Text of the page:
‘Knees together’ judge resigns after judicial body says he should be fired
The judge who told a complainant in a sex assault trial that she should have kept her “knees together” has resigned after the Canadian Judicial Council recommended he be fired.
In a statement announcing his resignation, Justice Robin Camp said, “I would like to express my sincere apology to everyone who was hurt by my comments during the [Alexander] Wagar trial.”
During the 2014 trial, Camp suggested the 19-year-old female complainant could avoid penetration “if she skews her pelvis slightly.” He asked her, “Why couldn’t you just keep your knees together?” and said, “sex and pain sometimes go together …that’s not necessarily a bad thing.”
Judges are expected to be “knowledgeable jurists” with “knowledge of social issues, an awareness of changes in social values, humility, fairness, empathy, tolerance, consideration and respect for others,” the Council’s report states. Canadians expect them to know the law but also be empathetic. “We find that Justice Robin Camp failed to meet those high standards and acted in a manner that seriously undermined public confidence in the judiciary,” the Council stated.
The recommendation wasn’t an automatic firing, though. A judge can only be removed through a joint resolution of parliament, the Council said in a statement.
The council’s recommendation comes the day after Canada’s parliament decided to fast-track a bill that would make comprehensive sexual assault training mandatory for federally-appointed judges. Conservative leader Rona Ambrose said her bill, which has received cross-party support, would “make sure that judges aren’t making basic errors or even worse, painful comments that make victims think twice of ever pursuing justice.”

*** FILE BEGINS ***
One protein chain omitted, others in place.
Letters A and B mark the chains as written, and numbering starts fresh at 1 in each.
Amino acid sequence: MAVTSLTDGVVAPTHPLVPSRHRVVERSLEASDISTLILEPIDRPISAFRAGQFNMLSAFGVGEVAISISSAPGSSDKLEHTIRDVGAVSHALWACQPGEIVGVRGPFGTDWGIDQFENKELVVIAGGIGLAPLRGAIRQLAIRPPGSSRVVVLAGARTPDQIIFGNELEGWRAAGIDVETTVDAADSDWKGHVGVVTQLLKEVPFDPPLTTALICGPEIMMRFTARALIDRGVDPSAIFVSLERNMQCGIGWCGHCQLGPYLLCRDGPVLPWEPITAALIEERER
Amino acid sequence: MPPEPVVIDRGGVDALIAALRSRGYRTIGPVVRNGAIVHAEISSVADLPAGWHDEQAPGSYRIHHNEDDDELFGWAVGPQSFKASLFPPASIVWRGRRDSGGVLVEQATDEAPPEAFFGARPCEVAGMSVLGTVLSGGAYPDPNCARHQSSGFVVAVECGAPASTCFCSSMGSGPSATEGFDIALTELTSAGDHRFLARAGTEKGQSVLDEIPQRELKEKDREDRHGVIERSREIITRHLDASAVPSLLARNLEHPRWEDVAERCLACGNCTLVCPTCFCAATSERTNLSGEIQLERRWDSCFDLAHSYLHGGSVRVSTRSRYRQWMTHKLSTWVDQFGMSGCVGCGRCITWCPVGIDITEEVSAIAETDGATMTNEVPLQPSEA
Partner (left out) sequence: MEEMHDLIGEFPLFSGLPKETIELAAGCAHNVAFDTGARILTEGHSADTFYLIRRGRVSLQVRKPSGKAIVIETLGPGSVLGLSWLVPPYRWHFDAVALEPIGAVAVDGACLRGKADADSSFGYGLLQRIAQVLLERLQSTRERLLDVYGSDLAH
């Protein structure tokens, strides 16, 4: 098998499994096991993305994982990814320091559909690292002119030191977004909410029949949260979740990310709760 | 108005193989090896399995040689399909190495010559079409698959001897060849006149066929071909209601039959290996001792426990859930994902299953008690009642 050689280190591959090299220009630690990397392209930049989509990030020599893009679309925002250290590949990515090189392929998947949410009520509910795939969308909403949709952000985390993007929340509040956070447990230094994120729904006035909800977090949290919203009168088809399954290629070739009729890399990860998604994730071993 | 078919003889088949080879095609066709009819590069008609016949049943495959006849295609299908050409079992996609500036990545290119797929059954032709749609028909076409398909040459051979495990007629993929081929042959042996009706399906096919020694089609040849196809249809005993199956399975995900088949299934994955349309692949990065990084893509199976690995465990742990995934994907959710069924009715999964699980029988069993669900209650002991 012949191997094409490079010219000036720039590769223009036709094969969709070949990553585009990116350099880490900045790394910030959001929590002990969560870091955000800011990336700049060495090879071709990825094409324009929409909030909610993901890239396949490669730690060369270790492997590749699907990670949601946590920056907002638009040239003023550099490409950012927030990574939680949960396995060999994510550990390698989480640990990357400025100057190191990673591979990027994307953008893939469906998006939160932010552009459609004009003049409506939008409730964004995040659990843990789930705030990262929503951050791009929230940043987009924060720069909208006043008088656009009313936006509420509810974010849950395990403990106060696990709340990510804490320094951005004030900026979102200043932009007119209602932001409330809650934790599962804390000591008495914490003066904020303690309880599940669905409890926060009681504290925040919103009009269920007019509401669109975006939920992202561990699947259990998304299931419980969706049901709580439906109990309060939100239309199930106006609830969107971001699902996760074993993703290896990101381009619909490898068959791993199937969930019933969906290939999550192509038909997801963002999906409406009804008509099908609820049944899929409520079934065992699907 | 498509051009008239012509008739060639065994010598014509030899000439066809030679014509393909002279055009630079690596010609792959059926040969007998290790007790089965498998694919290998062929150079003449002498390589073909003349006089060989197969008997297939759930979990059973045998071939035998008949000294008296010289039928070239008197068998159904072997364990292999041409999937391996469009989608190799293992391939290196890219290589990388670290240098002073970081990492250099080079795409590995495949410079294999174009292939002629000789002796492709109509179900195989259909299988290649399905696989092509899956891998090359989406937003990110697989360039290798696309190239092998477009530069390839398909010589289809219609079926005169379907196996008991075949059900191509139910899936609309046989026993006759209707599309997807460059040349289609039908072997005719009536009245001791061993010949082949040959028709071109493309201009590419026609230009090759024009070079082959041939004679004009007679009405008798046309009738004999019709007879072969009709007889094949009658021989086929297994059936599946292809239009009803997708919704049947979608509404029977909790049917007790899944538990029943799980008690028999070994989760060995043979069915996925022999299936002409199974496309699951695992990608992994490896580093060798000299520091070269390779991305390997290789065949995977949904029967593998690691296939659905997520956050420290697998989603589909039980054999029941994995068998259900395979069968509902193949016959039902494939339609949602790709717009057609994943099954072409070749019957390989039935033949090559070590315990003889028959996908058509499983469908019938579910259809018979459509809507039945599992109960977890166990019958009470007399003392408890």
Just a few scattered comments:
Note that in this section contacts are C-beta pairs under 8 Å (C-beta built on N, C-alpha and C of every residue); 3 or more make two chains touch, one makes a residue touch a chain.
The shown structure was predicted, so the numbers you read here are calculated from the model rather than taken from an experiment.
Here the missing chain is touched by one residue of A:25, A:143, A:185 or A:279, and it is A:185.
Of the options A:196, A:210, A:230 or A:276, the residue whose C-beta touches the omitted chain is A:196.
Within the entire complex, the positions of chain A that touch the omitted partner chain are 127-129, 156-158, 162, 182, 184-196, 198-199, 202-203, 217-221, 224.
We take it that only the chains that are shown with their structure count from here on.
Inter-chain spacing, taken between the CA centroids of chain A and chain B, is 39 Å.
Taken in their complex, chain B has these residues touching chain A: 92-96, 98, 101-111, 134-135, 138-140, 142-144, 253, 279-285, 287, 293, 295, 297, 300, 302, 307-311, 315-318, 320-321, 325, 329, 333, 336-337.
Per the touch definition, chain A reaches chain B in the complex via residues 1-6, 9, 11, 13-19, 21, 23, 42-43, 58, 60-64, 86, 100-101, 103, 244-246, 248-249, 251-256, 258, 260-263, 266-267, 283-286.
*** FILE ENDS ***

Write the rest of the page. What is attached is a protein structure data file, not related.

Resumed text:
Earlier this week, protesters took to the streets of Halifax to demand another judge, Justice Gregory Lenehan, face an inquiry after he acquitted a taxi driver of sexual assault. In his ruling the judge said “clearly a drunk can consent,” although critics have emphasized that the complainant was found unconscious in the back of the cab while the driver’s pants were undone.
Judge Camp made an effort to educate himself after the trial in question, the report states, but the education “could not adequately repair the damage caused to public confidence by the Judge’s conduct.”
Justice Camp’s conduct “was so manifestly and profoundly destructive of the concept of impartiality, integrity and independence of the judicial role that public confidence is sufficiently undermined to render the judge incapable of executing the judicial office,” a committee report to the Council declared. The committee’s 23 members said in a report that the judge relied on “discredited myths and stereotypes” about sexual assault and consent.
Judge Camp found the accused in the 2014 trial, Alexander Wagar, not guilty. The judge’s comments led a court to overturn his ruling and order a second trial, which ended in January. Wagar was acquitted again.
Cover: Todd Korol/The Canadian Press